Take a listen to the incredible fresh voice of a 28-year-old Luciano Pavarotti
1 June 2021, 12:13 | Updated: 2 June 2021, 14:23
Even in the early days of his singing career, Luciano Pavarotti’s vocal offerings were utterly effortless.
An instantly recognisable, honeyed voice with an unmatched ‘ping’ as he hits those dizzying heights – beloved Italian opera singer Luciano Pavarotti is still recognised as one of history’s greatest tenors.
And here’s a look back to one of his earliest performances, in 1964 in Moscow, Russia, when he was just 28 years old (watch below).
The clip, a performance of the Verdi aria ‘La donna è mobile’, was unearthed and posted by the official Luciano Pavarotti Facebook page, with the caption: “Pavarotti’s skill as one of the greatest tenors of all time can be seen right from the beginning of his career!”
His voice is crisp and deliciously box-fresh. Have a listen...
Young Pavarotti Amazing!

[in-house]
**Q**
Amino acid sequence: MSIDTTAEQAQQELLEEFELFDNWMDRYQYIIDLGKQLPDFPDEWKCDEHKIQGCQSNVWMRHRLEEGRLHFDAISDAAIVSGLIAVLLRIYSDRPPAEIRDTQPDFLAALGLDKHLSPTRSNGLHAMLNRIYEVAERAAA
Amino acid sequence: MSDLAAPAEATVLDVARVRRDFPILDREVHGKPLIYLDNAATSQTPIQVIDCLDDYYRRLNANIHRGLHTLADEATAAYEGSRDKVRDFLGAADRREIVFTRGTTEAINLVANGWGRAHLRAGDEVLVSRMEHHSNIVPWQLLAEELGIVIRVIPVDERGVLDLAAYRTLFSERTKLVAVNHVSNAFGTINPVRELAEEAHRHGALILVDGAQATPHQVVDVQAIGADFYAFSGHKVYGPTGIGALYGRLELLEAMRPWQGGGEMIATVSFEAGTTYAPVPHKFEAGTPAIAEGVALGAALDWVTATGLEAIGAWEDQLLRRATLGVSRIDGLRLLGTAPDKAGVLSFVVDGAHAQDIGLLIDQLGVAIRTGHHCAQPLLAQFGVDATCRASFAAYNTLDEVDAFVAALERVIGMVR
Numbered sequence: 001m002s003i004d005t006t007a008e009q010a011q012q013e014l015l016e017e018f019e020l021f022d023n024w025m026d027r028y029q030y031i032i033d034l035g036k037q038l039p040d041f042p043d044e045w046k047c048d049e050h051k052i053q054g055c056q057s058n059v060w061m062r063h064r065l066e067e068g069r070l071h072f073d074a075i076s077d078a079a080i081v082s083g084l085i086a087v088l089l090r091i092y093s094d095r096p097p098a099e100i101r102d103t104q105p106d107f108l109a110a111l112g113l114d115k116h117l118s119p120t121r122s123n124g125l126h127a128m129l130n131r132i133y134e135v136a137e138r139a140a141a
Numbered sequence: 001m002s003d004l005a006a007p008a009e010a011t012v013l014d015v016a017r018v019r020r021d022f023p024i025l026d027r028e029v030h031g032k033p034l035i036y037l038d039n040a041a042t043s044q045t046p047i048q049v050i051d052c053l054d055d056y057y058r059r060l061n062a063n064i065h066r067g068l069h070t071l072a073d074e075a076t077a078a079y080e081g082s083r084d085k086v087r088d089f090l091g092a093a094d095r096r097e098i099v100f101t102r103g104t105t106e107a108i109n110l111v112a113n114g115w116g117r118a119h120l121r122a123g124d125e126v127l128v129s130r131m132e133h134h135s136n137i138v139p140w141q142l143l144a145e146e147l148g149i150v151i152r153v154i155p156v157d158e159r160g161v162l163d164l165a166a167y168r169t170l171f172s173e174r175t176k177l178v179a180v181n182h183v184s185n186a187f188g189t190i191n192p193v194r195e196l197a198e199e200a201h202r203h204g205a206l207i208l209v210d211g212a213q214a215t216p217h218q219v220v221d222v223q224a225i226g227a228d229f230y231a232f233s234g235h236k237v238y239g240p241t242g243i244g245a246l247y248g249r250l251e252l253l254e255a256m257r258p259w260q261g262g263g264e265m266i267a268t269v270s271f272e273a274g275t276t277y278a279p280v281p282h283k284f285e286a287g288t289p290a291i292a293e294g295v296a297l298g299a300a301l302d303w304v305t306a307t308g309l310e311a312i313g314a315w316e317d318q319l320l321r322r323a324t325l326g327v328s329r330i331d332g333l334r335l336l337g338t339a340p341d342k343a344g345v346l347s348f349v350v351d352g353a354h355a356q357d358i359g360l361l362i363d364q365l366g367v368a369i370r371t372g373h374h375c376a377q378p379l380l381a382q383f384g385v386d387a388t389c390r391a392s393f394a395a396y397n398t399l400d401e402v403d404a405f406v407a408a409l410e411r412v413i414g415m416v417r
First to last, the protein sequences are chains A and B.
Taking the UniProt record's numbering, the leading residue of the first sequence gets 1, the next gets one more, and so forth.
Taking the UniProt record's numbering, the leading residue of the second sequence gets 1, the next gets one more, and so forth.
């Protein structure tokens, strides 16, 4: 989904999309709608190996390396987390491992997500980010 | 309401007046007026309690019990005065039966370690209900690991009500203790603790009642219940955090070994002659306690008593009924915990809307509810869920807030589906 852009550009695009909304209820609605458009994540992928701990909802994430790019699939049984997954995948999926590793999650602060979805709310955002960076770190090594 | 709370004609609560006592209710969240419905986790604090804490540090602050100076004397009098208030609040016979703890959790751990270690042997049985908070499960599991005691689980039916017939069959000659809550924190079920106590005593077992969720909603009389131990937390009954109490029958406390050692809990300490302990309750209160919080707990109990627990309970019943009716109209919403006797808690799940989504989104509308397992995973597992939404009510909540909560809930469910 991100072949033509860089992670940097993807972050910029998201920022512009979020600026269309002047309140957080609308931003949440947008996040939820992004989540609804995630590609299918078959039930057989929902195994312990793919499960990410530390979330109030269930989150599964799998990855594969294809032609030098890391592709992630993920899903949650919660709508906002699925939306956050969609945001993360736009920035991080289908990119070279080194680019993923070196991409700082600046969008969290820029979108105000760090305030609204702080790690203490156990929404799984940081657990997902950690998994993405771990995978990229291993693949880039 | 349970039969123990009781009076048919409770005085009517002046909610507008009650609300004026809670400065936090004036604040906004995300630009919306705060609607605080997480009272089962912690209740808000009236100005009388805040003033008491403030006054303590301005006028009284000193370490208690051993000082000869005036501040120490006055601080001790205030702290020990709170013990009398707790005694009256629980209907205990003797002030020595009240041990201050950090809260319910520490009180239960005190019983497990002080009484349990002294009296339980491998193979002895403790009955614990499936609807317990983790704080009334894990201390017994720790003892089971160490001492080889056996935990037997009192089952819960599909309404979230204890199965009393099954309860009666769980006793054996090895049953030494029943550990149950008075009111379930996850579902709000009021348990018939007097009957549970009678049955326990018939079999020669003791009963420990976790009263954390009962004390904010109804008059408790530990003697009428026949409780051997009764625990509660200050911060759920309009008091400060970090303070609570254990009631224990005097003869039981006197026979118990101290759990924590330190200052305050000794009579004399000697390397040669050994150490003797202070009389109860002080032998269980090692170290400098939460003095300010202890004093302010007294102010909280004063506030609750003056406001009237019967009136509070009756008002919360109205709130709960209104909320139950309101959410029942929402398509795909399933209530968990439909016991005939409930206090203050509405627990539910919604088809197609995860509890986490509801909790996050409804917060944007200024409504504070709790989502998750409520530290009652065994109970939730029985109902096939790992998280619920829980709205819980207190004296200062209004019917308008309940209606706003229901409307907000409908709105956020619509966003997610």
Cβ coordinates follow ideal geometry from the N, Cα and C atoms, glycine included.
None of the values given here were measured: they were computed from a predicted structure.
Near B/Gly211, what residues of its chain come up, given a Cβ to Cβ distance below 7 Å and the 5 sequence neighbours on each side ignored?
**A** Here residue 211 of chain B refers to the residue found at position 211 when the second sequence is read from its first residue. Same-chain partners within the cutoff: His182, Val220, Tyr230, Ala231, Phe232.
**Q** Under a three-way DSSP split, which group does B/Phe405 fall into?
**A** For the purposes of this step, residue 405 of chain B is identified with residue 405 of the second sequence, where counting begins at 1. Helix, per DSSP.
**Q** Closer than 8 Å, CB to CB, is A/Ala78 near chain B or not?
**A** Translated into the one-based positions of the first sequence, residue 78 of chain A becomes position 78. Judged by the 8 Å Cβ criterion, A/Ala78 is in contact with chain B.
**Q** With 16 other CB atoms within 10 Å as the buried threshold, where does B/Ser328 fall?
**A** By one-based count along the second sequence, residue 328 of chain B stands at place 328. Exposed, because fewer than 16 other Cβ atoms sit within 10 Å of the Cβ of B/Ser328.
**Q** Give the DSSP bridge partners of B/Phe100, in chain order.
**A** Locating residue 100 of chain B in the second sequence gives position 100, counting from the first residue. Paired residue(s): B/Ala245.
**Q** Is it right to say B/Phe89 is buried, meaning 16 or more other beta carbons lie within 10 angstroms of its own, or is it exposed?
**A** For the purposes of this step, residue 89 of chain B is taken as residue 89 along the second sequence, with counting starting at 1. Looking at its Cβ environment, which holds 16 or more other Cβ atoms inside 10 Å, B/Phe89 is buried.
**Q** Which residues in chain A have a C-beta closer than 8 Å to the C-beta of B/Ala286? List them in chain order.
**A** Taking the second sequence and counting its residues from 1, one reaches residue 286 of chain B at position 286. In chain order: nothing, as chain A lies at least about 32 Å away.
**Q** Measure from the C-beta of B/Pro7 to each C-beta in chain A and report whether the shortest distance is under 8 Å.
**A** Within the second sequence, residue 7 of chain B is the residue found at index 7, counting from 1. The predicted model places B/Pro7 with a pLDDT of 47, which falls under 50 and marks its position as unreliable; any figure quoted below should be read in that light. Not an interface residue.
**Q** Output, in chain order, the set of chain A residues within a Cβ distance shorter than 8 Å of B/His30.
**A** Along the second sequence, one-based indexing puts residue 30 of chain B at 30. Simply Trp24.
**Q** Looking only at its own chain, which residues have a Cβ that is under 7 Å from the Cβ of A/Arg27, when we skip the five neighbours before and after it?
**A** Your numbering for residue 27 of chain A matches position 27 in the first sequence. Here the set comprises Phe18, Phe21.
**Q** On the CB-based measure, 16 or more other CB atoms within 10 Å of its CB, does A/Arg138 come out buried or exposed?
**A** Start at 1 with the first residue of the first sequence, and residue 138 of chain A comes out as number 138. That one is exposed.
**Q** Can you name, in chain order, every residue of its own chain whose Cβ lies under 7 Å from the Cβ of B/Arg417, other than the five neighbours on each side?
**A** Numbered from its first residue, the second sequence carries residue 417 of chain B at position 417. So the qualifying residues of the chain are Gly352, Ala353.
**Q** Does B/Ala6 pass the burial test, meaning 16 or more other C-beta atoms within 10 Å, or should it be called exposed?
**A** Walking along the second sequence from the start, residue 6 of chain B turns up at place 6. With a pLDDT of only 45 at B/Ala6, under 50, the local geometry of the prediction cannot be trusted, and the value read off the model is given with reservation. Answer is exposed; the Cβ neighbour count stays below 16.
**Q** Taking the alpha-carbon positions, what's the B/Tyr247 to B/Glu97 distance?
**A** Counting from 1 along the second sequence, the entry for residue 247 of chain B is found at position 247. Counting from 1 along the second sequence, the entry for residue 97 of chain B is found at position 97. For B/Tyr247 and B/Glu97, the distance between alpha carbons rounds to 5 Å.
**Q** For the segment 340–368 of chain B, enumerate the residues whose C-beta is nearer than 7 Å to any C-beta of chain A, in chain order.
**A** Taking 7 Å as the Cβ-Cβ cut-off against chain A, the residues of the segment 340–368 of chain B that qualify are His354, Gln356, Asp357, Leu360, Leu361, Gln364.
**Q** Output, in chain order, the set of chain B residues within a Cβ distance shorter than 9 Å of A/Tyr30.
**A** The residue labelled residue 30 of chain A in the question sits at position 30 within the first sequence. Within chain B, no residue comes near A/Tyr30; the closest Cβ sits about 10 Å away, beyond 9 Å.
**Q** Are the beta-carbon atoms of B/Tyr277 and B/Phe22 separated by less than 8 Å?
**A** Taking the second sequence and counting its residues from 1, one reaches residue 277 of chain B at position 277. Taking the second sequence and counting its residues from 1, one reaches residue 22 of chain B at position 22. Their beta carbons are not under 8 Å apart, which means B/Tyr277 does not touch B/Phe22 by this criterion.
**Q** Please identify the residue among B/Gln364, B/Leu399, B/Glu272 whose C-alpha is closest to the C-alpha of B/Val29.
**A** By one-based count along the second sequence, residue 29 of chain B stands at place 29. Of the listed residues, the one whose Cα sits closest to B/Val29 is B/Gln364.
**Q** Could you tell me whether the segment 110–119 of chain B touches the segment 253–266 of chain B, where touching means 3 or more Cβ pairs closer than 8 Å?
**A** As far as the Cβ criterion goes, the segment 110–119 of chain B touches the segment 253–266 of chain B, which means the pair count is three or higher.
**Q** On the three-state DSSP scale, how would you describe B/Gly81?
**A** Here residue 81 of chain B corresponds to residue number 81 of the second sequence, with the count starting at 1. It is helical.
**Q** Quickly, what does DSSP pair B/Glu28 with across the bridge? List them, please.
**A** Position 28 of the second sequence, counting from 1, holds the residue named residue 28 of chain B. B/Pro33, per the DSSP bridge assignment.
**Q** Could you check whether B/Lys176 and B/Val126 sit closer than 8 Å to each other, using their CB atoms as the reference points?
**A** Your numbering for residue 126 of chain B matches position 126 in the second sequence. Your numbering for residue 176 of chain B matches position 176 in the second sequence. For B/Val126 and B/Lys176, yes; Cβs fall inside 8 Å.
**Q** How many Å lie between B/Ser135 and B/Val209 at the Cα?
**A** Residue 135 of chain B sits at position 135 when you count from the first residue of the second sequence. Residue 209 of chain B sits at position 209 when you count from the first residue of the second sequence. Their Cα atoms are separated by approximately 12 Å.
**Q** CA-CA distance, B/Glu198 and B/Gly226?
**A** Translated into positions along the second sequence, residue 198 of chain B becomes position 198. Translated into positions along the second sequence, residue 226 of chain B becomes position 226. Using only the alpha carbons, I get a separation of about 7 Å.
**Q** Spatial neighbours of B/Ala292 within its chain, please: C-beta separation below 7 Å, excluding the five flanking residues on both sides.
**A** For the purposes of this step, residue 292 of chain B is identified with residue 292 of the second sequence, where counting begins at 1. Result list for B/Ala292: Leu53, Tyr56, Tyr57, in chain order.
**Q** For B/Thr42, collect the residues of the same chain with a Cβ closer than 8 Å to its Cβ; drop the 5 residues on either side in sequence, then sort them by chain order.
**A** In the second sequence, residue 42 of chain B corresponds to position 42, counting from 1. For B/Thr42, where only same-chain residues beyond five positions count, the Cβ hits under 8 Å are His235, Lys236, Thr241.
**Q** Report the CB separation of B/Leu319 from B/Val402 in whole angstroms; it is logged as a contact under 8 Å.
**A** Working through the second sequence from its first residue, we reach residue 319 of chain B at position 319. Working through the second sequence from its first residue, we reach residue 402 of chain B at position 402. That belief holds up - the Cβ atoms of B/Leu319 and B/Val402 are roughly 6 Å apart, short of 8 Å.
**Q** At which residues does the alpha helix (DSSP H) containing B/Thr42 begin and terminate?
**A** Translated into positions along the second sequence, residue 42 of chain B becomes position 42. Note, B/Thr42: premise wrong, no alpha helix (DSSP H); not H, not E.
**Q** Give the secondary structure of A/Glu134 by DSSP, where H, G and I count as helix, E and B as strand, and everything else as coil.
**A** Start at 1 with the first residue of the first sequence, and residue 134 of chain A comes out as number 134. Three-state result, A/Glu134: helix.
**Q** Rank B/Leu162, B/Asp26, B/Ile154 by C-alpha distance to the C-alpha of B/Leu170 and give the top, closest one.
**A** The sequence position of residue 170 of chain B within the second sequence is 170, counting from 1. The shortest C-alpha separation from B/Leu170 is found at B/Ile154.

The early years of Pavarotti’s career were spent in Italian opera houses. In 1961, he had made his debut in Puccini’s La bohème at the Teatro Municipale in Reggio Emilia.
Two years later, in 1963, he made two important debuts at the Vienna State Opera in Verdi’s La Traviata, and at London’s Royal Opera House. But while his early roles were successful, they didn’t immediately turn him into the operatic celebrity he would later become.
Pavarotti first found real success a year after this video was filmed, in 1965, when he began performing with Australian dramatic coloratura soprano Joan Sutherland. Months later, he made his debut at La Scala, Milan.
In 1966, he appeared in Donizetti’s La fille du régiment at the Royal Opera House and earned his title ‘King of the High Cs’ with a gloriously bright rendition of the fiendish aria ‘Ah! Mes Amis’.
Luciano Pavarotti Speaks About His Voice Cracking During Don Carlo in 1992
Pavarotti gave his final ever performance at the 2006 Winter Olympics opening ceremony, with his signature aria ‘Nessun dorma’. The international crowd gave him the longest and loudest standing ovation of the night.
The great tenor died the following year – but the Pavarotti voice remains a sound unmatched.